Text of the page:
Two women and one man died at this weekend's Hard Summer music festival in Fontana. The electronic music and hip-hop event has seen tragedy before; in 2015, two concertgoers died. Ahead of this year's event, August Brown discussed fan safety with festival founder Gary Richards in the interview below, first published on July 26.
After one of Hard Summer's toughest years, the festival is returning bigger than ever this weekend. In 2015, the electronic and hip-hop event (now produced by Live Nation) hung on by a wire after two fans died of suspected drug ovedoses at Pomona Fairplex. Following government scrutiny, Hard scaled down its winter edition and organizers had to find a new location.
Now at the Auto Club Speedway in Fontana, Hard Summer's lineup features headliners Ice Cube and Major Lazer and a bevy of rising rappers and dance music DJs.
We spoke with festival founder Gary Richards about how the fest has recovered and what the future holds (including, for the first time, camping).
This is your first year at the Auto Club Speedway. It's a massive new site. What does this allow you to do that you couldn't before?
This site is 500 acres and it's used to having thousands of people for NASCAR races. There are tons of things in place to handle traffic and ingress and egress. We just have space. It's definitely going to be largest Hard Summer yet. The Speedway people have been great partners, and it feels better situated. The neighbors are farther away, which is better for what we do.
This is the first year you've had camping on-site; how will that change the festival's dynamic? Does it make for an easier commute and safer experience?
It gets more vehicles off the road and less people leaving late at night. It's a better way to wind down. We'll have a silent disco and an area where people can get coffee and ice and showers. I never thought of Hard as a camping fest before, but when they do NASCAR races here, they have two thousand RVs in the infield. I'll definitely be hanging out in the campground myself.
The lineup feels especially diverse this year, with many hip-hop headliners. How does that reflect the changes in your audience right now?
Hard's always been diverse, the first one had Justice, Peaches and 2 Live Crew. In music, hip-hop is shining right now, and we're trying to blend that into the fest. Ice Cube is bringing MC Ren and DJ Yella (from N.W.A), and having gone to high school in L.A., having that as a headliner is like — now I can retire. There's still tons of electronic music. But it's good to break that up, it makes it more of a festival and gives Hard its own style. This is the ninth year of fest, we've been at six different locations, and that's a testament to how strong the brand is and that we're working with the right artists.
After the deaths last year, Hard's relationship with Fairplex went south. Do you feel like you've found a long-term home at the Speedway? And how can you improve relationships with local and county governments?
That's the game plan. We just want to be in one place and turn it into something spectacular. Our plan — the way we do gates, searches and how our security works with law enforcement, it's the best in the business. Ask anyone we've worked with in the past. When you work with someone new, they can be hesitant, but when they see our team and how it's organized, it's amazing. After nine years, we've got it down.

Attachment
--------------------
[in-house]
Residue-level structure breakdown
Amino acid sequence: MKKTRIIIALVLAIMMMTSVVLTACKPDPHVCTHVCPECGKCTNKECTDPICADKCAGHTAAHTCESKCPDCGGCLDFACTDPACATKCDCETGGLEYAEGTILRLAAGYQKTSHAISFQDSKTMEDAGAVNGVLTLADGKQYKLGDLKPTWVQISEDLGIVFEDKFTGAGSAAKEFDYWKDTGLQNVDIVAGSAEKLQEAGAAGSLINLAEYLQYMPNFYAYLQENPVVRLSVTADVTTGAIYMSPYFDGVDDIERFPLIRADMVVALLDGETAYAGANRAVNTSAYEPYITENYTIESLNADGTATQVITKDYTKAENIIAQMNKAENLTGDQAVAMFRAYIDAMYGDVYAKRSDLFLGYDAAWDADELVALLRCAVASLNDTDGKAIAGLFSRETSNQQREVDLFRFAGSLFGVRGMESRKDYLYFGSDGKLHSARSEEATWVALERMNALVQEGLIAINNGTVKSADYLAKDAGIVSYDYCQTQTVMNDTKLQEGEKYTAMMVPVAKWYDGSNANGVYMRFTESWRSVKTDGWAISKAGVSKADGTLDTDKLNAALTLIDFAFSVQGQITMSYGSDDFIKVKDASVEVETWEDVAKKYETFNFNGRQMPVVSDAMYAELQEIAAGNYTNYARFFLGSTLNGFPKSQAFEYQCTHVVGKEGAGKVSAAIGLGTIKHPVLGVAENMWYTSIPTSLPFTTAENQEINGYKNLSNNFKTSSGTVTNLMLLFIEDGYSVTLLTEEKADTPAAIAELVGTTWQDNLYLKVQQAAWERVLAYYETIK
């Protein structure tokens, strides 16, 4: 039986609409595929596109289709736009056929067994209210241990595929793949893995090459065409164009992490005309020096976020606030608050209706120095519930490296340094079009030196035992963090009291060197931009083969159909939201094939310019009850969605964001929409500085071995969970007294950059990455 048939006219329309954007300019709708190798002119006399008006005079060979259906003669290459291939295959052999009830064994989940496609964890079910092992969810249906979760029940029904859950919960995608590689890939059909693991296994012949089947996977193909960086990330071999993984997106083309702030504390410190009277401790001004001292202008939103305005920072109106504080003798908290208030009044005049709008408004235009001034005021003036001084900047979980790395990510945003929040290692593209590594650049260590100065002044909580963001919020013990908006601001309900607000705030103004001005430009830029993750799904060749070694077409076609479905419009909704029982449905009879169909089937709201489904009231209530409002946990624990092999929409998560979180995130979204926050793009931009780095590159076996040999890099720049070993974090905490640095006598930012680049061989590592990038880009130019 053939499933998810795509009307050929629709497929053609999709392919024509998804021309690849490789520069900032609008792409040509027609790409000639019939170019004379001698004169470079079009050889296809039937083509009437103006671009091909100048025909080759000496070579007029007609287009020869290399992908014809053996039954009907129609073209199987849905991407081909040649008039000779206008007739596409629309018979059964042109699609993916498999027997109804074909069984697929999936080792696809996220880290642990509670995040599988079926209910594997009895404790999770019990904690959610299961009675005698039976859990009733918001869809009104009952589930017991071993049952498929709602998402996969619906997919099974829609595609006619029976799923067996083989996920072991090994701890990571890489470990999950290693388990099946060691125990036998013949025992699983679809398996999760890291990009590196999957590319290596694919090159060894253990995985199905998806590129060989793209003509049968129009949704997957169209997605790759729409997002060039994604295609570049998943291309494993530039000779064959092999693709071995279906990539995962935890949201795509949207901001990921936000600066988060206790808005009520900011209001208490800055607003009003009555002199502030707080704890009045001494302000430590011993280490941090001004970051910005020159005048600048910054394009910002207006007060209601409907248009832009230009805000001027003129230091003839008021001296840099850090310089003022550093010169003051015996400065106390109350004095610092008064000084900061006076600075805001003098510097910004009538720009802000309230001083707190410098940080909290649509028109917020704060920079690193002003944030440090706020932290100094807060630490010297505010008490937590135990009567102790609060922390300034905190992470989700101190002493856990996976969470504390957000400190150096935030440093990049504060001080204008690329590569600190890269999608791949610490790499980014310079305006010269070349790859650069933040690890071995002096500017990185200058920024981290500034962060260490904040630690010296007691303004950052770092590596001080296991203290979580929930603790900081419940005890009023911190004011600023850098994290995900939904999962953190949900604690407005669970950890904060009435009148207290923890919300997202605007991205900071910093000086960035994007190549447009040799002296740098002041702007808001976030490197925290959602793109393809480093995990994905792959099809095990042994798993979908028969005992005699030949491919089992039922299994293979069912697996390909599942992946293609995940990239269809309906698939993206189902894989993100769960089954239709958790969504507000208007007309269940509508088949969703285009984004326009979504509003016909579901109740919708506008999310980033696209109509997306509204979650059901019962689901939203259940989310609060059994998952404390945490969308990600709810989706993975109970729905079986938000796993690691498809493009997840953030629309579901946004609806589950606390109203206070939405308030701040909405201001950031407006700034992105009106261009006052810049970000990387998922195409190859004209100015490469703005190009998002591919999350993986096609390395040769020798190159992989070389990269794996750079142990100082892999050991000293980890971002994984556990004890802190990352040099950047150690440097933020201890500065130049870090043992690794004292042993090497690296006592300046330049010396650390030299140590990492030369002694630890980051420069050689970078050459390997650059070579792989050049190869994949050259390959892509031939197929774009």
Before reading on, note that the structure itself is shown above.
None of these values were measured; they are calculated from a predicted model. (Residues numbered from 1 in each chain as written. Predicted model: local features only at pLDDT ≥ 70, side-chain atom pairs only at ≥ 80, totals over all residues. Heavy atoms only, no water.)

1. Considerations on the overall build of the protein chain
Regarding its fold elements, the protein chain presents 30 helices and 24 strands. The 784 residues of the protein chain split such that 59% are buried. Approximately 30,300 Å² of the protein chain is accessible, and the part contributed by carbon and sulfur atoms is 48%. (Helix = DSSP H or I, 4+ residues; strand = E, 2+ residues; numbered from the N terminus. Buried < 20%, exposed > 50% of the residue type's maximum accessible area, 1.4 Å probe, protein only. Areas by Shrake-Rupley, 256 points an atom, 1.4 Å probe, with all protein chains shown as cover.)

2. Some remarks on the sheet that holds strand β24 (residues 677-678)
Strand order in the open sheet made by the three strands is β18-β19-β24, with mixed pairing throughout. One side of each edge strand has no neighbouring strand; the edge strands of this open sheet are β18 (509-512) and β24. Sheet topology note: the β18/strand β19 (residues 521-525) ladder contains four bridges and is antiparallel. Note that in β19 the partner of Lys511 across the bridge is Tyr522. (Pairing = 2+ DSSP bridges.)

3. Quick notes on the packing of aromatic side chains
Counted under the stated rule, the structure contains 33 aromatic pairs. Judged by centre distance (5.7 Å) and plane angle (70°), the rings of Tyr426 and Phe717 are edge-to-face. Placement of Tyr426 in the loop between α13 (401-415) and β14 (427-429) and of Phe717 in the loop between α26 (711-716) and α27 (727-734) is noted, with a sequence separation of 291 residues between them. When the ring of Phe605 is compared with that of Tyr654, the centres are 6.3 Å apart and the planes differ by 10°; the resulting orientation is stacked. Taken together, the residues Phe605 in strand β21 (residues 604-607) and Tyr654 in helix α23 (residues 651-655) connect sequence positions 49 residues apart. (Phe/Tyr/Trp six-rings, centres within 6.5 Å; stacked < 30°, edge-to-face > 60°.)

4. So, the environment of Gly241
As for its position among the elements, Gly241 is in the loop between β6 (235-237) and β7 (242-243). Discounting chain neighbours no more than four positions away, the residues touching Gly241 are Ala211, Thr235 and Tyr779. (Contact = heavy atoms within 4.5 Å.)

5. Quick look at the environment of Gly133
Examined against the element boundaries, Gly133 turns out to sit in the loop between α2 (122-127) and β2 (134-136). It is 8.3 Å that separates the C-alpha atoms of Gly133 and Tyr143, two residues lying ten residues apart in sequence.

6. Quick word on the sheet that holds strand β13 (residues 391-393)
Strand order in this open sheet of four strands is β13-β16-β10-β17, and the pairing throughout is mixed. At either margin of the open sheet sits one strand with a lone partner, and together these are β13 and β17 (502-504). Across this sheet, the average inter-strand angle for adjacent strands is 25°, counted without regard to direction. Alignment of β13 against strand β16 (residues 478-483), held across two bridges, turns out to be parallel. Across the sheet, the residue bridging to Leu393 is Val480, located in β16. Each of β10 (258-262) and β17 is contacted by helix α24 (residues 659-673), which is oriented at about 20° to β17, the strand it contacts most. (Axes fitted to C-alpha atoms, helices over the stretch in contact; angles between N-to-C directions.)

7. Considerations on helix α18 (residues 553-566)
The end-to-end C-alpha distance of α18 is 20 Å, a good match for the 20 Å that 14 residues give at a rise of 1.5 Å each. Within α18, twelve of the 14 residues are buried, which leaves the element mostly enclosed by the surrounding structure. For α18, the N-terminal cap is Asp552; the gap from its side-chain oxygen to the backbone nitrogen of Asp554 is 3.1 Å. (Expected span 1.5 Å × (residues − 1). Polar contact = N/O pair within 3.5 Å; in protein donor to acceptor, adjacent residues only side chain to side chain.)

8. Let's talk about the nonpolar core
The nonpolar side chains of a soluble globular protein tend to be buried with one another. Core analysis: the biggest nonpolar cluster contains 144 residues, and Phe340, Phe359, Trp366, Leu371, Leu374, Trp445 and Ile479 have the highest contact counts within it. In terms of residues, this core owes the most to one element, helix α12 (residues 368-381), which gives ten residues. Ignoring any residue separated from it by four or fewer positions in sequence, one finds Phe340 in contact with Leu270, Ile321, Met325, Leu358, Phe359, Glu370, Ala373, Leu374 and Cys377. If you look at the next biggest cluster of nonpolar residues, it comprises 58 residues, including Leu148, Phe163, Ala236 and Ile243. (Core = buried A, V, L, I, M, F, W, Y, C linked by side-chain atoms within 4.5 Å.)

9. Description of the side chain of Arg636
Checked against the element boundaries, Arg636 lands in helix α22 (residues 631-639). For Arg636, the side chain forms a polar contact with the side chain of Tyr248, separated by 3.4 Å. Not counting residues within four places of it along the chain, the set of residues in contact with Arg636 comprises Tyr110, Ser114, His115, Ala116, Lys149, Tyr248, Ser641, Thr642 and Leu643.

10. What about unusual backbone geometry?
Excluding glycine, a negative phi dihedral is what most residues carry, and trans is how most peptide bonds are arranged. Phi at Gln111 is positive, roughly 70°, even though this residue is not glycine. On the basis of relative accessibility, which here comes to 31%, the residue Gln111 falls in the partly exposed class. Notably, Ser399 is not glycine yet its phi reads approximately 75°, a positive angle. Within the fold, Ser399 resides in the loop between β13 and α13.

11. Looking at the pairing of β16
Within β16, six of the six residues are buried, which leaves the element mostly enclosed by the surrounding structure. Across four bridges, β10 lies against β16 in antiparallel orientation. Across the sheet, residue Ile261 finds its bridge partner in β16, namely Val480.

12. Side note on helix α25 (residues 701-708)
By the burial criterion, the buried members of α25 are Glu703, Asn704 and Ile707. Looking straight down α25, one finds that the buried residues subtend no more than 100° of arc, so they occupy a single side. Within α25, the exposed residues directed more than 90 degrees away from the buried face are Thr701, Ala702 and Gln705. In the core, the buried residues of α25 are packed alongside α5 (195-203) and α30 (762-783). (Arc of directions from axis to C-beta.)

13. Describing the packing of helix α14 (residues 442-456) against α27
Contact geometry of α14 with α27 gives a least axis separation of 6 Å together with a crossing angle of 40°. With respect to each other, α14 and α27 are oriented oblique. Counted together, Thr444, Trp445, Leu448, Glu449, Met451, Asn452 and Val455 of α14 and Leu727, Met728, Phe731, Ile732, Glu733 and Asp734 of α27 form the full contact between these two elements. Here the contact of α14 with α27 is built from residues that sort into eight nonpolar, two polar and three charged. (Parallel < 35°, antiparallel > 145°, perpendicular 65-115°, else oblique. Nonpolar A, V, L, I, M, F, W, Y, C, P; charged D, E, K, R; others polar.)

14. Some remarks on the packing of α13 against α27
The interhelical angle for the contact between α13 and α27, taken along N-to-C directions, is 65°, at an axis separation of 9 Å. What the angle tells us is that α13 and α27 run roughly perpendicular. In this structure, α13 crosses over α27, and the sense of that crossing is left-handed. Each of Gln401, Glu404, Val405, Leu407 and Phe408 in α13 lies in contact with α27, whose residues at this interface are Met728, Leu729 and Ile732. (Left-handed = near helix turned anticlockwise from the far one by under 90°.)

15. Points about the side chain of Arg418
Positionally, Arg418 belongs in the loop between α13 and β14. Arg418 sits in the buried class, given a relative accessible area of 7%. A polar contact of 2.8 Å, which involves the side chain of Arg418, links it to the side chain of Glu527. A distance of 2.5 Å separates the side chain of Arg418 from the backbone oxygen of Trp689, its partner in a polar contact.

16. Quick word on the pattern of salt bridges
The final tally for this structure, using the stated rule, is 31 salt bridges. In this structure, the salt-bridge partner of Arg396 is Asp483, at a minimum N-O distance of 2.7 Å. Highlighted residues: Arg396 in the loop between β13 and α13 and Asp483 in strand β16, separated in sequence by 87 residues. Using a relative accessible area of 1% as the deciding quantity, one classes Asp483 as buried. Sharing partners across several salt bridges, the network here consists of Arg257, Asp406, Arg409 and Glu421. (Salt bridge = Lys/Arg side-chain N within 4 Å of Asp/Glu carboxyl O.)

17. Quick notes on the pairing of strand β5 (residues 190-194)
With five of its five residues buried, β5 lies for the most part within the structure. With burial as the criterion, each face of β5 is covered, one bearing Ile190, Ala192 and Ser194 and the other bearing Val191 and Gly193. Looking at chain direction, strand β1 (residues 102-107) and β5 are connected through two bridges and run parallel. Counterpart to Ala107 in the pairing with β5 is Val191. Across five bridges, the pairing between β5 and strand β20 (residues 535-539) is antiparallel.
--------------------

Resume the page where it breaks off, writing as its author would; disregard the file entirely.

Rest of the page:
Are there any new safety measures in place for this year?
At the end of the day, we do everything we can do. The biggest difference this year is that we're creating even more awareness. We have a campaign, Awareness Wednesdays, to give tips to stay safe if problems arise. We're doing a Q&A with the head of our medical plan for the festival from Loma Linda (University Medical Center). We have free water, shade, cooling areas and medical stations.
We also have our Stand Up and Dance crew, who are young adults who walk around with ice packs and water, looking for people who need help and can see if they're having a situation. We teach people that you can always go to a medical tent and no one will question you, they'll just help. Sometimes when someone approaches you from the festival and asks if you're OK, it's easier to talk peer to peer instead of with a police officer, when you might be scared to say what's going on.
But it comes down to the patrons. They have to be responsible for own actions. It all starts at the entrance of the festival — we have K-9 units, searches, you can't bring in backpacks. We've got a system in place, but if people want to be stupid, they're going to be stupid. We have to educate everyone, but there's only so much you can do as promoter.
Are you ever going to have a team like DanceSafe, which tests illegal drugs on-site?
I don't think we're allowed to have it at our event. Everyone knows we should have it, but the law says we're not allowed to. That's the last piece of the equation to add to safety. But our biggest thing is to keep (drugs) out before they get there — we have amnesty boxes, undercover agents, a thorough search. If you're going to try to bring stuff in there, you're probably not the smartest person on Earth.
After all the challenges of last year, and given this big new venue, how do you see the festival growing and changing over the next few years?
Next year is our 10-year anniversary, and we'd like to expand it to three days. We've dabbled in other countries, and done stuff in Australia, Japan and a stage at Creamfields in the UK. Maybe we can go to the East Coast too. But what I've learned is that just getting this right is a year-round job. I live in SoCal, and it's always good to do this in our own backyard. I don't think many fests are doing what we do. I talk to lot of artists who said that after 10 years, we've got to do something emotional together.